Firstly, there is no clear timeframe. In other words, the original letter gives the Patriarchate of Moscow the right to consecrate and appoint the Kievan Metropolitan, but it says nothing about any timeframe ascribed to this right. From that time on, the Metropolitan of Kiev has recognized the Patriarch of Moscow as a father.
Secondly, the single connection between Constantinople and Kiev was stipulated only at a liturgical level: The Kievan Metropolitan had to commemorate the name of the Ecumenical Patriarch first during the Liturgy, and only then the Patriarch of Moscow.
The most successful antipode of this intricate church diplomacy, and the key to understanding the “Ukrainian Church Question”, may be the tomos of autocephaly… of the Church of Greece. The fact is that decisions of the Ecumenical Throne on the autocephaly or the autonomy of a particular territory depends upon how important that territory is to them. The Autocephalous Church of Greece consists of eighty-one dioceses, thirty of which are the so-called “New Territories”.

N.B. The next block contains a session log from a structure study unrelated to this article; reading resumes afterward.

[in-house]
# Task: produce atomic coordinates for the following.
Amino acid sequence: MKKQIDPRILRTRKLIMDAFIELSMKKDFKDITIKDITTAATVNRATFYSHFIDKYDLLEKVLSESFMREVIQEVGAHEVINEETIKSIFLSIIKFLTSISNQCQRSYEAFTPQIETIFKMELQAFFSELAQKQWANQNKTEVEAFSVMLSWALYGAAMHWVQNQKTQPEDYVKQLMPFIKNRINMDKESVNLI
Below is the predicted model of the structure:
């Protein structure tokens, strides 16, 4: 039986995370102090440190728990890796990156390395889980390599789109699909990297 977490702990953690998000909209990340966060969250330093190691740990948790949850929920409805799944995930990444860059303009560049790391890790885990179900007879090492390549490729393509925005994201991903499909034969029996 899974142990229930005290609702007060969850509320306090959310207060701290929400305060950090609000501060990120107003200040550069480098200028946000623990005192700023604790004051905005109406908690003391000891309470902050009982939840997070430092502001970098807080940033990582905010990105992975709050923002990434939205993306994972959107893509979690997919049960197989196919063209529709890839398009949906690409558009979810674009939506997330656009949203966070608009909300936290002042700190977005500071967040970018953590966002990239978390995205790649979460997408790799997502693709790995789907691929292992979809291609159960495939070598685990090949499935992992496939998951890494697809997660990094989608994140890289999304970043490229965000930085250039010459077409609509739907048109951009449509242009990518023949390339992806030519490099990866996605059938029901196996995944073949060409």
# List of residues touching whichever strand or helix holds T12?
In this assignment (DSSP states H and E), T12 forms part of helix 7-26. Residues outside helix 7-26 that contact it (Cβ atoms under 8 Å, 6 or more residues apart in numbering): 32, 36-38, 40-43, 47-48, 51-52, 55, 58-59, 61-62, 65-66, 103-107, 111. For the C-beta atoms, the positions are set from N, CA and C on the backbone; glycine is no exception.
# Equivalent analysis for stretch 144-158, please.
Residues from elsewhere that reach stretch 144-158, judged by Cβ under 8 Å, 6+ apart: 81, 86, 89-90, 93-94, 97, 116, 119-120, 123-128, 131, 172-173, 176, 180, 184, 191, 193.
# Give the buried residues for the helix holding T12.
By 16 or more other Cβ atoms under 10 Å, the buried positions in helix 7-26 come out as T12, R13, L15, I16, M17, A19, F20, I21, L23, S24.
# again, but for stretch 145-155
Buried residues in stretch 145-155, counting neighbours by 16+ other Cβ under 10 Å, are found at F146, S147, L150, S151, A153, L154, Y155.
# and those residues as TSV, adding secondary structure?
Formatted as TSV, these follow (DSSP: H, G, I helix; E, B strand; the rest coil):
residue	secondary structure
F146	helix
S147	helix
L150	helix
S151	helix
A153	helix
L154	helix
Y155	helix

The peculiarity is that the New Territories, (Northern Greece), are part of the Church of Greece, but in the tomos of autocephaly, it is stipulated that they were transferred from Constantinople to Athens “for a time".
In the letter of Patriarch Dionysius IV, there is no indication of a timeframe or a concrete date. It seems that the Kievan Metropolia was not so important for Constantinople, since they didn’t leave a way out for themselves. Even if Patriarch Dionysius theoretically had in mind a temporary nature of rule by the Moscow Patriarchate, then he would have not hesitated to claim his rights at the earliest opportunity.
However, neither during the liquidation of the Polish-Lithuanian Commonwealth, nor during the Russo-Turkish Wars, nor after the February revolution right up to 1923 (the tomos of autocephaly of the Polish Orthodox Church), we do not see any documents of the Ecumenical Patriarchate in which he claims his rights to these territories.